Snakes in a Lab

Published on 26 October 2021

When Ben Jellen, Ph.D., associate professor of biology at University of Health Sciences and Pharmacy in St. Louis, had the opportunity as an undergraduate student to go out into the field and study amphibians and reptiles, he realized he had found his calling. Now, 22 years later, Jellen is still living his passion through several research projects examining types of snakes local to the St. Louis area.

While applying for animal studies permits in Missouri, Jellen contacted the state's herpetologist, a biologist with a specialty in amphibians and reptiles, who shared that the state was looking for someone to study the copperhead population in the Powder Valley Conservation Nature Center. This highly trafficked conservation center, that is just over 112 acres, attracts 80,000 visitors annually, so the potential for human and venomous snake interaction is high. Jellen gladly took on the project and has been tracking, through radio transmitters, the movement, habitat use, and hibernation of copperheads for the past 4 years.

One of the most surprising discoveries for Jellen has been where the copperheads choose to hibernate.

"Even though Powder Valley is 112 acres of wonderful and suitable habitat, about half of the snakes with transmitters have moved off site to spend the colder months," Jellen said. "They hibernate wherever there are rocky hillsides or slopes. For two years in a row, one snake hibernated in the riprap building up interstate 270 and two others hibernated underneath Cragwald Road."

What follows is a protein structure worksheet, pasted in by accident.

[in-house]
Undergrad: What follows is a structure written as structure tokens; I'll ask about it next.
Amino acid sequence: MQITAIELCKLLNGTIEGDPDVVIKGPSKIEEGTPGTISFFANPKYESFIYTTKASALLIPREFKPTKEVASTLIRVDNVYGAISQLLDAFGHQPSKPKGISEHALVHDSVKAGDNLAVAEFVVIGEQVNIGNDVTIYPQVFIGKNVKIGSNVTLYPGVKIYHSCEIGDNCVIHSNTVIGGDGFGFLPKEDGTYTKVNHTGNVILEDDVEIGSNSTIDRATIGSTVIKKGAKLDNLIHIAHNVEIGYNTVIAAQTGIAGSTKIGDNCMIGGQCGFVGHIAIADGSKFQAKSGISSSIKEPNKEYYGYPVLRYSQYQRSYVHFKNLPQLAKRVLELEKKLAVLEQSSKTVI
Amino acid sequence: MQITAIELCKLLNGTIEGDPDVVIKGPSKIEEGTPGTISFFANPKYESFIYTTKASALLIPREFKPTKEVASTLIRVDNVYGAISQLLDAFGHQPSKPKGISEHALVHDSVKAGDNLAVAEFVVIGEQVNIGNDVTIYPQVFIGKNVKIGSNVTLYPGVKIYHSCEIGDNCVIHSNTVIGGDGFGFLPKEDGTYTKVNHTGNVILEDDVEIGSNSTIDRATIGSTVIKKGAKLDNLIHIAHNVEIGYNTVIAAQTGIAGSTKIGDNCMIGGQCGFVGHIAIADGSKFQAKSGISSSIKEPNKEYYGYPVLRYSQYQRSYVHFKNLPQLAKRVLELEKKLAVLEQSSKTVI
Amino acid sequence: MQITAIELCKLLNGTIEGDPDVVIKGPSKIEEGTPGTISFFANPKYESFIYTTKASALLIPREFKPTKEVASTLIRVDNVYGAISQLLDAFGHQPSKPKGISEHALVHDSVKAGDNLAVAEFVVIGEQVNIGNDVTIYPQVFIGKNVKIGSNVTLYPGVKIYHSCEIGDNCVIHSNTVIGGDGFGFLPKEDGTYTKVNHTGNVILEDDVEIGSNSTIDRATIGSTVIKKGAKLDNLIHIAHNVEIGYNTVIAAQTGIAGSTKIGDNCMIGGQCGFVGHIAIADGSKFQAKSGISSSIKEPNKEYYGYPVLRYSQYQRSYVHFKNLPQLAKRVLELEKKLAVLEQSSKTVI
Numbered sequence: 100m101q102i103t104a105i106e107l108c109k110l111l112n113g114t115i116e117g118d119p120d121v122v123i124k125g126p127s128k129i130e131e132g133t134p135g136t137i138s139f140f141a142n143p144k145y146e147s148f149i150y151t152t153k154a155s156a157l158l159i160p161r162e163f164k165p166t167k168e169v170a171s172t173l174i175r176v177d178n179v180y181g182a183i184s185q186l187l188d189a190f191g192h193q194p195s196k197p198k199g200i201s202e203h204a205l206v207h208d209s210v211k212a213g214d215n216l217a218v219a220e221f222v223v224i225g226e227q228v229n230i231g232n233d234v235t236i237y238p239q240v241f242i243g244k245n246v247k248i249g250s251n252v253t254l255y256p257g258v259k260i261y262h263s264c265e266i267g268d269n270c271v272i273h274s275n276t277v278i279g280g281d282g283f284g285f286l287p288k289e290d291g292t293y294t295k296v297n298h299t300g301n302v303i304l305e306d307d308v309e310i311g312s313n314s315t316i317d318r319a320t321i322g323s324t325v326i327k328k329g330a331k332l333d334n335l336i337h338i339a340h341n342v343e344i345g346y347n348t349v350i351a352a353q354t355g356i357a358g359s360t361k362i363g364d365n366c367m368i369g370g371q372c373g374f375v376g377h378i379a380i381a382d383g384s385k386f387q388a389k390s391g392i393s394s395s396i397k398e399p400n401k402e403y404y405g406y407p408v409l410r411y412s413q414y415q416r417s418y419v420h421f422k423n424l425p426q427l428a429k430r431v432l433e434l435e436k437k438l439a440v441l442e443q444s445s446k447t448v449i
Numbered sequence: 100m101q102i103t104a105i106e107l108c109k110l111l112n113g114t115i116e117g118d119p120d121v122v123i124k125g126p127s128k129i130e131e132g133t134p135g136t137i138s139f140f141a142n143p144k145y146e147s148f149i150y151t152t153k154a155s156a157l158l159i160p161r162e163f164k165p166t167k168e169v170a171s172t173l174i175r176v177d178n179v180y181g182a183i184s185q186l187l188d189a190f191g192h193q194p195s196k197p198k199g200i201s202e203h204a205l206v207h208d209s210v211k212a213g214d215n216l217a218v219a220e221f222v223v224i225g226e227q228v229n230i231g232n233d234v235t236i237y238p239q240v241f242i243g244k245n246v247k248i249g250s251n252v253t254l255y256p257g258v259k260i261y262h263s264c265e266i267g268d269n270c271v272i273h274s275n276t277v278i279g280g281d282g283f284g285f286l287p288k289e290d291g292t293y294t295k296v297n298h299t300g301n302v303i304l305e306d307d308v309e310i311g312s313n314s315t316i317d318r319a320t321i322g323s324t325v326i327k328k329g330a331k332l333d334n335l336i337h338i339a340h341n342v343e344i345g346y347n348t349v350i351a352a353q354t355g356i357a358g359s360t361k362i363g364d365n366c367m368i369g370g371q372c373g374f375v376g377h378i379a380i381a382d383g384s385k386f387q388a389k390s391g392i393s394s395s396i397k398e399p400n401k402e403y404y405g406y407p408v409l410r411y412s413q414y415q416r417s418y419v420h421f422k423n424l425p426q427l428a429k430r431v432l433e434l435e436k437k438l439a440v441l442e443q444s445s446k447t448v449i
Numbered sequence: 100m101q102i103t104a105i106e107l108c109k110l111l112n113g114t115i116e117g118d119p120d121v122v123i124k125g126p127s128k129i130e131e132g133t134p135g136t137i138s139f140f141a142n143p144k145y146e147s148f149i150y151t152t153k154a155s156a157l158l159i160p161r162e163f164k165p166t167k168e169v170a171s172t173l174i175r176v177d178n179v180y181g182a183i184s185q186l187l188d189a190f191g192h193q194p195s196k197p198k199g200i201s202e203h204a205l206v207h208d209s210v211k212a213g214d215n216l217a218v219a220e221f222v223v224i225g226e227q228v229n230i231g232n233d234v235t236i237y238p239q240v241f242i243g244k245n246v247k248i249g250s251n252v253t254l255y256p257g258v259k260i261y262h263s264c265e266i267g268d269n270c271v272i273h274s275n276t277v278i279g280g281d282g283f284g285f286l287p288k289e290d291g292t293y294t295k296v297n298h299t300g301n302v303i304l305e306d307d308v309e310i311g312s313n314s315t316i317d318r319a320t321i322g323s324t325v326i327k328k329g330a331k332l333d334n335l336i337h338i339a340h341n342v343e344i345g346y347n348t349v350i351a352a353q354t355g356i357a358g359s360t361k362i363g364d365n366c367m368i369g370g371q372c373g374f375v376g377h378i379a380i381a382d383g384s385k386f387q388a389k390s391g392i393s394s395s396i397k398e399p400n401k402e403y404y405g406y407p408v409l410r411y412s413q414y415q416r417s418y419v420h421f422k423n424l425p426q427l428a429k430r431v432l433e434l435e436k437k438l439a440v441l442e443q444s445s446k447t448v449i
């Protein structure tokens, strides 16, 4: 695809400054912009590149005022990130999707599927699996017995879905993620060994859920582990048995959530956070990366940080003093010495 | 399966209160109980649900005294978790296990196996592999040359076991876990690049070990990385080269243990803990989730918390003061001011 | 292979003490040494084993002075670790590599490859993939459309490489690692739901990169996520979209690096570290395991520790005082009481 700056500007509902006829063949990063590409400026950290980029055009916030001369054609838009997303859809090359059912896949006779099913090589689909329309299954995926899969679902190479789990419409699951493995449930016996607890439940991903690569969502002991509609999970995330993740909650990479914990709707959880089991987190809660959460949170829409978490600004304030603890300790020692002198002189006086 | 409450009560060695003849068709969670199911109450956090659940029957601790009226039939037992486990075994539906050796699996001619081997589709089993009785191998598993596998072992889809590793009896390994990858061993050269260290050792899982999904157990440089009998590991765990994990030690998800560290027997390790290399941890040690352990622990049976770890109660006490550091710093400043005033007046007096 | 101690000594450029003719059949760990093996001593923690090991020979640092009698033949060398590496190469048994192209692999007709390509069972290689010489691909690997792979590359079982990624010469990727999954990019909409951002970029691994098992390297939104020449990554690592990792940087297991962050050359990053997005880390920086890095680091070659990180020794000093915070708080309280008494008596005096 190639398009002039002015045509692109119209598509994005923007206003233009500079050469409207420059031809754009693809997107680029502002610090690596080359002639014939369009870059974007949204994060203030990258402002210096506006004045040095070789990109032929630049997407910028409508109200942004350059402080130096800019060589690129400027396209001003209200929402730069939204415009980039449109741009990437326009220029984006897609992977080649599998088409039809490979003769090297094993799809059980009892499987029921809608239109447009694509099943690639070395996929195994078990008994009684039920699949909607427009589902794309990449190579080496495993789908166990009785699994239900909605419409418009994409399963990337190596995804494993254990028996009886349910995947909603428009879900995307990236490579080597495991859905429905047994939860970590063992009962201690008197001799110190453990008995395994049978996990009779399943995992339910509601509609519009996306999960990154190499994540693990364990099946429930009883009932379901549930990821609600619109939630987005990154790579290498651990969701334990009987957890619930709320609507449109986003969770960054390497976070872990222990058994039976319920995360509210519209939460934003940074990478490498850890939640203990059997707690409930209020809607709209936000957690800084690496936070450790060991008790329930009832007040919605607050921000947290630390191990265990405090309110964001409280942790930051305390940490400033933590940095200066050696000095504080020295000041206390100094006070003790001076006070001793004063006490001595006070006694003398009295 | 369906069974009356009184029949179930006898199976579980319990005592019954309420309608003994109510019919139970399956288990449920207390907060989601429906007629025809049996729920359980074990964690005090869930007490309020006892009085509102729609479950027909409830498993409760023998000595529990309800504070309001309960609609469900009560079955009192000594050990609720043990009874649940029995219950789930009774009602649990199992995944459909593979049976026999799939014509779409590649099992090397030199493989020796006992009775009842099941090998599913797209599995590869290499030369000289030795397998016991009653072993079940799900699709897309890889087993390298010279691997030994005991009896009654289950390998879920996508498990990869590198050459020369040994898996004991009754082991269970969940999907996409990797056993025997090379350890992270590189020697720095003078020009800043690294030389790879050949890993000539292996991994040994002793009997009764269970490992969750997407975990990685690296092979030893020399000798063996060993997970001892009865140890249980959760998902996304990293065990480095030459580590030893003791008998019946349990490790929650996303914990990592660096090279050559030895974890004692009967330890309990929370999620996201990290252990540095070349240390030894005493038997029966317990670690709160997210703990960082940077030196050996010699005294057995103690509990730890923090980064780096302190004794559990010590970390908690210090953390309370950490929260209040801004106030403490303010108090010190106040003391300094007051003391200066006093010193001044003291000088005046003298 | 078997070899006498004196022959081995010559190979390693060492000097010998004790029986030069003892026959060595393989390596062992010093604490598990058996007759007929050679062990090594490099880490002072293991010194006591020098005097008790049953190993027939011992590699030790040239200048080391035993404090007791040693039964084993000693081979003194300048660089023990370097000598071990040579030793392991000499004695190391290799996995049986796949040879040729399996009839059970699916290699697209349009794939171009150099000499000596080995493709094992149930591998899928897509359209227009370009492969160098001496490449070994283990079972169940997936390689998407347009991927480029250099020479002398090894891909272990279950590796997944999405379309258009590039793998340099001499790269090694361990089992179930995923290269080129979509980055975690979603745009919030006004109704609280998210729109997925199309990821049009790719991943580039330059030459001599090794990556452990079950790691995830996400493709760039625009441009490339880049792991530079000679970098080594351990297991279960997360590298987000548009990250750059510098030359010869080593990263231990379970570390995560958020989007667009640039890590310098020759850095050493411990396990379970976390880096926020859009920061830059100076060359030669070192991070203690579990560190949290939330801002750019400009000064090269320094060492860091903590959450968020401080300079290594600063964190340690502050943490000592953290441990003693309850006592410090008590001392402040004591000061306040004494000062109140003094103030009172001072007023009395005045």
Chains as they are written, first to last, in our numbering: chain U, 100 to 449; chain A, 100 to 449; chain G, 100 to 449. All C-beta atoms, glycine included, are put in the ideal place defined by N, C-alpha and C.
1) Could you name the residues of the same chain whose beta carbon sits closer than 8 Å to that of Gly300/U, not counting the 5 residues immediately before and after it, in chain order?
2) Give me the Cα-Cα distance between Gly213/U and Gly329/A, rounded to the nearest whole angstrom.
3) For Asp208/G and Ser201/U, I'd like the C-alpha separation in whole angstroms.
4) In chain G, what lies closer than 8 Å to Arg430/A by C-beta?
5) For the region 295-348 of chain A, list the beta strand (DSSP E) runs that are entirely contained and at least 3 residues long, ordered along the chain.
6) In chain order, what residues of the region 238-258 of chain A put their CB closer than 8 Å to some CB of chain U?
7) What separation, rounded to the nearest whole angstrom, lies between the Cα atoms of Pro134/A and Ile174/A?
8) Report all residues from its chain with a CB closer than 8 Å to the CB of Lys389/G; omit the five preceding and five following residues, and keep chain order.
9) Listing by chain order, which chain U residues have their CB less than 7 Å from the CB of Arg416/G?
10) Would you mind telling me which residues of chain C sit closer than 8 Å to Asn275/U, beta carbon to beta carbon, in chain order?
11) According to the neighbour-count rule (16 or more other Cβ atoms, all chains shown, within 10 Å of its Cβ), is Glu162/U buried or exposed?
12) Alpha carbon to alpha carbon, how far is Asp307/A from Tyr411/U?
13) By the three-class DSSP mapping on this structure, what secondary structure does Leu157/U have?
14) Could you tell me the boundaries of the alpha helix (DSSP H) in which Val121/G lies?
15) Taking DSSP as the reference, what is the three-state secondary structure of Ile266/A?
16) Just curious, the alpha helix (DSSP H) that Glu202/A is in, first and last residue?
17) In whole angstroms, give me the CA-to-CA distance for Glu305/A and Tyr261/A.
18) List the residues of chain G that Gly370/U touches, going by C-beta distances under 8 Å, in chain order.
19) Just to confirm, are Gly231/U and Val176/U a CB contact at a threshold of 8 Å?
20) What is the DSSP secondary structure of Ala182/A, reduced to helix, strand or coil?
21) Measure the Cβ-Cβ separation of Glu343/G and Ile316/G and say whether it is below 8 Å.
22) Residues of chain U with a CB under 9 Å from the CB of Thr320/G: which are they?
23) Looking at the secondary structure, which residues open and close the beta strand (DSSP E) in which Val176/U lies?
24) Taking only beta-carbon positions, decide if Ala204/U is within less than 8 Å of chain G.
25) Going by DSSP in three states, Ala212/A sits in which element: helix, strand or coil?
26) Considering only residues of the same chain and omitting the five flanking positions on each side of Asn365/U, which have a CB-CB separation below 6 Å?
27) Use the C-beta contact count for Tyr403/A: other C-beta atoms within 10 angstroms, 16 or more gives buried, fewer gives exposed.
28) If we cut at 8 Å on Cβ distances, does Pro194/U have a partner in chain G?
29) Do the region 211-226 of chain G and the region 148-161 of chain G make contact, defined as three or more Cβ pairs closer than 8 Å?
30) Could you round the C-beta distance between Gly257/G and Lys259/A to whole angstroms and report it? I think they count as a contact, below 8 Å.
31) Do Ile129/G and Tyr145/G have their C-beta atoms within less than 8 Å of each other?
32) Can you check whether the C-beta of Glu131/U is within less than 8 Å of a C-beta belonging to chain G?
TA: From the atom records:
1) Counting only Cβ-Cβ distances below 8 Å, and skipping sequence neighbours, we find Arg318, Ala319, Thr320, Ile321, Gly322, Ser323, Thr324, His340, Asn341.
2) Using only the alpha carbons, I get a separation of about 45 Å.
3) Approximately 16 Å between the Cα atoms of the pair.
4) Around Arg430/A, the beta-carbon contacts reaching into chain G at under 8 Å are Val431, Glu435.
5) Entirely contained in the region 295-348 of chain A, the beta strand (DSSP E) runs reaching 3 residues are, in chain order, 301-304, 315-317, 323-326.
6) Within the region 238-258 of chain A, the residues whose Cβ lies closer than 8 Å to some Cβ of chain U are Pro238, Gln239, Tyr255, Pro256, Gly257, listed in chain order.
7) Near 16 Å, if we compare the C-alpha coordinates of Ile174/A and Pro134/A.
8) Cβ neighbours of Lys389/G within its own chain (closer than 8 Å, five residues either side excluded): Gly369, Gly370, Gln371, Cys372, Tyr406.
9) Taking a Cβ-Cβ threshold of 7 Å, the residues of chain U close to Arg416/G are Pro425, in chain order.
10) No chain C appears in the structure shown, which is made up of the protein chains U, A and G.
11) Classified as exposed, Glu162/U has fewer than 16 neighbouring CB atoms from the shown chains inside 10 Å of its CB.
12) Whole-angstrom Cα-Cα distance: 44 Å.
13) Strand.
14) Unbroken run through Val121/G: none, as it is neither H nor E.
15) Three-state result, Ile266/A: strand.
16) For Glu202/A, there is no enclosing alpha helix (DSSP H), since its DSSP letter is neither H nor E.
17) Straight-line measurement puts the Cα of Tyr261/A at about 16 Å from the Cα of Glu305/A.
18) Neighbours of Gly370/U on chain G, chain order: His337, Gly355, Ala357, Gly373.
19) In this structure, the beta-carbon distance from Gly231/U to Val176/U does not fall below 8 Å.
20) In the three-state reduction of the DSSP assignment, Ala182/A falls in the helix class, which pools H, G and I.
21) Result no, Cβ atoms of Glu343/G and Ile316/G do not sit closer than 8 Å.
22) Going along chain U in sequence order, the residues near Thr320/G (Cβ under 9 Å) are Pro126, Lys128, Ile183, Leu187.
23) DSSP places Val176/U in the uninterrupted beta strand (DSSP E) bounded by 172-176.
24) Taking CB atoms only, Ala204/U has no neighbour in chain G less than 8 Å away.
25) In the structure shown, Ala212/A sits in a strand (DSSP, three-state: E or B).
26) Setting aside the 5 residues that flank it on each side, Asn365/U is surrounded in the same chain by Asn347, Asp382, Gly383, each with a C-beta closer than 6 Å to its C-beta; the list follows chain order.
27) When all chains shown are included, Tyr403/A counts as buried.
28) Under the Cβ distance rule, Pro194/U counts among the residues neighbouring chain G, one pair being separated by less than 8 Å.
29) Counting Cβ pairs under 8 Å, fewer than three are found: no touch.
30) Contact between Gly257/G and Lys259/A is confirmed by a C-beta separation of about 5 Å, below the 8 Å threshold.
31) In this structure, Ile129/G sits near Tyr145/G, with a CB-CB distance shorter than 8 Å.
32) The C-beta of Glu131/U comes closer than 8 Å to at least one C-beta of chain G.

In addition to his work studying copperheads, Jellen is studying the sex-attractant pheromones produced by female watersnakes. Jellen and his student researcher, UHSP junior Michelle Hollon are collaborating with a chemist from University of Missouri-St. Louis to isolate the sex-attractant pheromone, synthesize it, and potentially use it to corral invasive populations of other snake species (such as the Burmese Pythons in the Everglades and the Brown Tree Snake on Guam).

For many years, it was believed that the female left a terrestrial trail of sex pheromone that attracted male snakes, but Jellen’s recent research has revealed that the sex-attractant pheromone is dispersed both in the air (for help in long distance location by males), and on the ground (for fine-scale location of the female by males).  This allows male watersnakes can follow a trail on the water’s surface, and males of more terrestrial species can locate females from multiple directions and from relatively long distances.

Once Jellen and Hollon collect enough data from their study of the snake sex pheromone, the United States Department of Agriculture has invited them to submit a preproposal and their preliminary data for use on the invasive Brown Tree Snake. Jellen's research on copperheads will continue through 2022 at which point he will be able to help guide management decisions at Powder Valley Conservation and Nature Center, and facilitate public education and awareness for those visiting the park.

Jellen also has two other conservation related, on-going projects. One involving a pathogenic fungus decimating snake populations world-wide, and one examining salmonella strains in captive and wild reptiles in the state of Missouri.

Jellen's research has tend to focus on endangered and "unpopular" species in the public's eye. He is happy to give a voice to those who can't advocate for themselves, and asked why he cares about the role of snakes in the ecosystem, he is quick to quip a thought by Aldo Leopold, "The first rule of intelligent tinkering is to save all the parts."

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